When Rotman was developing what became the Creative Destruction Lab, Agrawal says, the faculty looked at other university-based accelerators and then decided to develop a unique model intended to avoid shortcomings, such as providing ventures with too much coddling and not enough world-tested guidance. Each team is assigned a mentor – Syncadian’s is Michael Serbinis, an angel investor who co-founded Kobo, the e-reader company. The mentor pushes ventures to focus on the things that matter, and ask tough, probing questions about the viability of their business model.
Agrawal also notes that the Lab deliberately chose not to offer facilities, support services or capital, although some teams have landed early-stage equity investments from their G7 mentors. (Rotman MBA students also help some of the teams, and sit in on the G7 “summits,” which take place every two months.) What’s more, the G7 cuts at least one team after every summit, a structure that’s intended to inject some real-world tension into the exercise. “It’s in the rule set and everyone knows that,” says Agrawal. “We’ve tried to bake into the design a certain type of pressure that is measured.”
Jesse Rodgers, the Lab’s director, adds that the selection process seeks to identify entrepreneurs with passion, a technology that can be scaled up for a mass audience and a proven capacity to stick with a demanding process. The evaluators, he adds, take care not to be won over by a slick presentation or a buttoned-up business model. “We want to make sure we don’t miss the ones who can’t communicate well,” he says. “I look for the ones with technology I can’t easily understand. If we miss those people, then we’re not doing our jobs.”
What’s apparent is that the Lab’s talent-spotting technique is producing results. One company that recently graduated from the program – Whirlscape, which has created a new kind of virtual keyboard – has raised $500,000 from angel investors including Y Combinator, a high-profile California accelerator, and BDC Ventures. Another is Bionym, which is selling a wristband that uses a person’s unique cardiac rhythm as a password for various devices. The company initially raised $1.4 million and then secured a second round worth $14 million, says Rodgers.
In fact, the Creative Destruction Lab itself has far exceeded its goals. Rodgers says the Lab targeted $50 million in equity creation by its graduating companies over the first five years of its existence. But in the first year, the companies brought in $65 million, and the second cohort doubled that figure. Today, he adds, the Lab’s 10-year plan is for its graduates to have generated $1 billion of equity.
One cool morning in early November, Janossy and Love turned up at Michael Serbinis’s office in the MaRS building, where he’s developing League, his recently announced health-care start-up. It was the first tête-à-tête with their G7 mentor and so Syncadian’s founders began by grilling Serbinis about why he’d chosen to mentor them. The reason, Serbinis explained, was that they were in a field connected to health and he could see potential synergies down the road.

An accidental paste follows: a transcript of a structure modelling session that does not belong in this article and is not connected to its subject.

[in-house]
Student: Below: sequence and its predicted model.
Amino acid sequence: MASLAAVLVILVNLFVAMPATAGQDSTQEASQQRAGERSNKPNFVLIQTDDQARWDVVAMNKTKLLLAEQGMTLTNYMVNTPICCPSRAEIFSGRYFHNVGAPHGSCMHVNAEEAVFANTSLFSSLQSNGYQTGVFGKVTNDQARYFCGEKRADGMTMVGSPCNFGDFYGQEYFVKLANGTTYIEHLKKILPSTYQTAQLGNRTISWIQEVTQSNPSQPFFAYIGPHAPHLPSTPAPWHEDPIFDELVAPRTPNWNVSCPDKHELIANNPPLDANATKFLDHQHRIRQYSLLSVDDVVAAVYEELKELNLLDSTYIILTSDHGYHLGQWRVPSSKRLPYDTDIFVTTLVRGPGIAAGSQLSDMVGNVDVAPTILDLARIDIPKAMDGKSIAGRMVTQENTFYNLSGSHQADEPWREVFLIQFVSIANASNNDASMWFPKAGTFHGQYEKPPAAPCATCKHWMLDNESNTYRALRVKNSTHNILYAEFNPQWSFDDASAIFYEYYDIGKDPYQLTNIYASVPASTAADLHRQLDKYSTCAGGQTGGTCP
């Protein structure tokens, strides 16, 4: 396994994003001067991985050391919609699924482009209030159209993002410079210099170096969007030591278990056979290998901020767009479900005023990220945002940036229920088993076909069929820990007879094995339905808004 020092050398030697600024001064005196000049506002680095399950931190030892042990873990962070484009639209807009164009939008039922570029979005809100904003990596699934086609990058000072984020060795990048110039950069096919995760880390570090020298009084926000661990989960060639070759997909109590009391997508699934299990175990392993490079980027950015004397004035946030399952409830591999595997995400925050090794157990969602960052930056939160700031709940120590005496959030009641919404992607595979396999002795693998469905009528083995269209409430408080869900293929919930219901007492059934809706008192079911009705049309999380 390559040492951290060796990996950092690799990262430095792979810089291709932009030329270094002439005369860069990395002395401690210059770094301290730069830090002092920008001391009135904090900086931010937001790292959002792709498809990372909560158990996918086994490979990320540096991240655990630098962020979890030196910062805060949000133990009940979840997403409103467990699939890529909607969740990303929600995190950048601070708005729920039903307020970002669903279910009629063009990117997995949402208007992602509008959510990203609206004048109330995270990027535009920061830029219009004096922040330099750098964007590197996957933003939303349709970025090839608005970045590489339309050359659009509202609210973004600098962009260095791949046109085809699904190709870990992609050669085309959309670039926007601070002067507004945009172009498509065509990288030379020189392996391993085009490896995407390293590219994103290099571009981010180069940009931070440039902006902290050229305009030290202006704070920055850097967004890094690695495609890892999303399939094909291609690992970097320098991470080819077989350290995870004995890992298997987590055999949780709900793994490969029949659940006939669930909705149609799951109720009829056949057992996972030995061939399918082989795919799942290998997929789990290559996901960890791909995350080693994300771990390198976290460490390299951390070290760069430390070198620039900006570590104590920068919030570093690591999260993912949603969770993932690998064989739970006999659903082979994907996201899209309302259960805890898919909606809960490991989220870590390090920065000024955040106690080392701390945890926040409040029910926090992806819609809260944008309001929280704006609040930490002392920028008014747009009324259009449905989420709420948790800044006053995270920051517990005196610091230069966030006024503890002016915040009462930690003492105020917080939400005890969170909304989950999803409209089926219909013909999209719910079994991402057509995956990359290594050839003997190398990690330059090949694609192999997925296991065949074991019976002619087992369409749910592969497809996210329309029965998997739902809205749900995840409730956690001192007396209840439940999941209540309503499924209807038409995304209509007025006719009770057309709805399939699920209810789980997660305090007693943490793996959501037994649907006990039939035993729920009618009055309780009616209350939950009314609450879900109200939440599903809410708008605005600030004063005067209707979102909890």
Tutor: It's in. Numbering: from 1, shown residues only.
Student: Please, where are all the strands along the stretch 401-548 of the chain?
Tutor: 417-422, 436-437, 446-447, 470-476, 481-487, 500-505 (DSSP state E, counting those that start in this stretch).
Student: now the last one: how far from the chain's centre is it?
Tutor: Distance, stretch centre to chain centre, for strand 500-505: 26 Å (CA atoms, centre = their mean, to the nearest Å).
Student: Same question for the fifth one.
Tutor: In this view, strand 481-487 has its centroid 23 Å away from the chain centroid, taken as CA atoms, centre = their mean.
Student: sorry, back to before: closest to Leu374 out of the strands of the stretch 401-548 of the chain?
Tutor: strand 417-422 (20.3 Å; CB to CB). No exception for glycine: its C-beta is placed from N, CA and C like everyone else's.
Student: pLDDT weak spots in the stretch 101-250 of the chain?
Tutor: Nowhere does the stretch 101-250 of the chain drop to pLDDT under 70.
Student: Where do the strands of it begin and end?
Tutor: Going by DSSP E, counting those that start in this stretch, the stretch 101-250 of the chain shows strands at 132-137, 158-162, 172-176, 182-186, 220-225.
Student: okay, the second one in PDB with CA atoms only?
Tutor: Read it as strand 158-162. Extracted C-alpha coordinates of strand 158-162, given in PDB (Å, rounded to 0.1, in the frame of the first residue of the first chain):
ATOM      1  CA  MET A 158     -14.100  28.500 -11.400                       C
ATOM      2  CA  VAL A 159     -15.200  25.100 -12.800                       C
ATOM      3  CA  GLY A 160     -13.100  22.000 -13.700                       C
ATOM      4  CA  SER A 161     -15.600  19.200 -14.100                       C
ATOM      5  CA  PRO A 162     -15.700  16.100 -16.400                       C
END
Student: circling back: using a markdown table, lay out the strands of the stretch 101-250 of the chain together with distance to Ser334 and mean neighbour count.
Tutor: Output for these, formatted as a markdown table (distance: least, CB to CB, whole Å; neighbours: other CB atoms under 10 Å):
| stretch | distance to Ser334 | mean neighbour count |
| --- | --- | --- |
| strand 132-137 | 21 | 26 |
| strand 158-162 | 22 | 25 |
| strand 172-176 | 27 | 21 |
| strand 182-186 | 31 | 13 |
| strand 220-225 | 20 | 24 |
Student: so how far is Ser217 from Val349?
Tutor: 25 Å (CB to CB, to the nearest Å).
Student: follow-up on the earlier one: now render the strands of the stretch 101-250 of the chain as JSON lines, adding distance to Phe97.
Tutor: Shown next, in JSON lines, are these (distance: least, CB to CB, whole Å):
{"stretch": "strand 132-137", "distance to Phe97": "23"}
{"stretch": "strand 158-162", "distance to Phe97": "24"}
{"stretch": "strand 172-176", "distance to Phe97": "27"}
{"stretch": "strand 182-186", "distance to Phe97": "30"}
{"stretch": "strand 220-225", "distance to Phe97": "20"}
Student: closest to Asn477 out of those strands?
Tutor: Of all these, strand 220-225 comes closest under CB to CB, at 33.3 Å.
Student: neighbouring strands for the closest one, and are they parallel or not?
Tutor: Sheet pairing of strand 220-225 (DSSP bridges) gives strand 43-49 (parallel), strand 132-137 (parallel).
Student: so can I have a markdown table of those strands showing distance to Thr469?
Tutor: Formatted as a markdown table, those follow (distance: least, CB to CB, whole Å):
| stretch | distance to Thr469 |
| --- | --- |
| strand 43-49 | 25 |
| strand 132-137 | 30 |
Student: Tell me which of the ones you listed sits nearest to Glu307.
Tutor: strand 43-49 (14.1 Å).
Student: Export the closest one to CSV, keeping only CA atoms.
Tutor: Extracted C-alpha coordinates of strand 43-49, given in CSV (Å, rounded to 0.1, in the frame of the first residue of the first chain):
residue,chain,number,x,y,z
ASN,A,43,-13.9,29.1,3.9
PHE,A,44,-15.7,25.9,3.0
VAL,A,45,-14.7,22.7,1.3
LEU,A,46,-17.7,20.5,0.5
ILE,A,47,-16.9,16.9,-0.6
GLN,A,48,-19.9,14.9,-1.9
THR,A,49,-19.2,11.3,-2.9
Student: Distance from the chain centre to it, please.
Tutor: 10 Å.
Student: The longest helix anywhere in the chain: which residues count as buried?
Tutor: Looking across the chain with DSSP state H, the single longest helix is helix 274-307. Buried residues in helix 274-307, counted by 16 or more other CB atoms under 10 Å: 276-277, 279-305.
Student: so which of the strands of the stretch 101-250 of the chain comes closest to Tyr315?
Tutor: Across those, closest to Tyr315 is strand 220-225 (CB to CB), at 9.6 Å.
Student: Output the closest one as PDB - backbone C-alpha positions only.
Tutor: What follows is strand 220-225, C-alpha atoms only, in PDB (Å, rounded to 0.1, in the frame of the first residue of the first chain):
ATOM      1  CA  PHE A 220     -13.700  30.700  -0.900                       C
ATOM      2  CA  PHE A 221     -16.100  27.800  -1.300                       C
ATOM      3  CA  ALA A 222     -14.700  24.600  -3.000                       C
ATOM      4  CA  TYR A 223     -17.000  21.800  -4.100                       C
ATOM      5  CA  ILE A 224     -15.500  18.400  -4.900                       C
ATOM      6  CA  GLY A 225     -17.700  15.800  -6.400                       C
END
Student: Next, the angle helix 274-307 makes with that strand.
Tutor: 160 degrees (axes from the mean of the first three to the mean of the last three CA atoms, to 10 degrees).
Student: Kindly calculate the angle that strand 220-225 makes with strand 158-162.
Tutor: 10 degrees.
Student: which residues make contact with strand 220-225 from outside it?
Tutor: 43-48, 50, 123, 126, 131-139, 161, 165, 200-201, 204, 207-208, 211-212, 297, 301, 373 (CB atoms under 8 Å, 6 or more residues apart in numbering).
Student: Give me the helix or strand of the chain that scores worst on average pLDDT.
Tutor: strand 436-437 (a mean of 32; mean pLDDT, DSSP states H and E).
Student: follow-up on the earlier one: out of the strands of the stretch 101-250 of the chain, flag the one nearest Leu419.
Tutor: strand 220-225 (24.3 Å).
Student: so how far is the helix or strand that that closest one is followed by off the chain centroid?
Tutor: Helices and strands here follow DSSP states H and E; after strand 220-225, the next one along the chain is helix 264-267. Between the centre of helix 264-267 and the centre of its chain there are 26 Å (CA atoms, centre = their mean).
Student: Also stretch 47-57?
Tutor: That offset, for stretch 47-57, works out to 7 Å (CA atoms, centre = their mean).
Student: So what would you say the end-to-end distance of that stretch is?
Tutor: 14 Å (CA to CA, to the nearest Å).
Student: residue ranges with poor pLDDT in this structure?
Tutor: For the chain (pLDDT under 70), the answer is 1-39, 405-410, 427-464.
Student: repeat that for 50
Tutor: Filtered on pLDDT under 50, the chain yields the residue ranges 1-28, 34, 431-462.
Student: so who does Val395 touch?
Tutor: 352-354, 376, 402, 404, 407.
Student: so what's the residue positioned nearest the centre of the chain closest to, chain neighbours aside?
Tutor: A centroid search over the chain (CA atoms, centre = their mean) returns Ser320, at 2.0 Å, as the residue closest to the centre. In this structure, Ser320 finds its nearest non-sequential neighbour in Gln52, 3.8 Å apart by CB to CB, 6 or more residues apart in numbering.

After Janossy and Love pitched a more detailed version of their vision, Serbinis offered some advice on what they’d need to do to avoid getting cut at the next G7 summit, set for December. He said they’d need to figure out how to gain “market traction” by refining their sales pitch and planning how to get themselves in front of the right people in the companies they’re targeting. If Syncadian’s aim is to use a foothold in the world of small-scale manufacturing as leverage to graduate to larger organizations, such as hospitals or auto parts factories, Janossy realized they’d need to persuade the G7 with more precise estimates of the potential market size. “We didn’t have those numbers.”
Coming out of the session, Janossy and Love nonetheless felt they had a game plan of sorts: they’d use a few personal contacts in the manufacturing world to field test their scheduling software on shift workers as a means of showing how these firms can use the product to identify when their workers are most fatigued, and then schedule accordingly. After working out the bugs and making sure there’s a good value proposition, Janossy says, they could tackle “the big guys”: hospitals, automotive giants, oil and gas rigs.
At present, they’re focused on those specific milestones, but Janossy and Love know there will be a time when they leave the Creative Destruction Lab and must face alone the challenges and risks associated with getting their fledgling company off the ground. They’ve talked often about the entrepreneurial lifestyle, and all the associated questions: money, family, ambition, exit strategies. Mostly, though, they come back to their shared desire to solve a dilemma that afflicts so many people.
“Fatigue is a huge, growing and solvable problem,” Janossy reflects a few hours after meeting with Serbinis. “We’re very motivated to put in our two cents.”
Journalist John Lorinc (BSc 1987 UC) covers politics and business for The Walrus, Spacing magazine and Canadian Business/Profit, where he writes a weekly column about entrepreneurs who export. He is the author of The New City: How the Crisis in Canada’s Urban Centres is Reshaping the Nation (2006).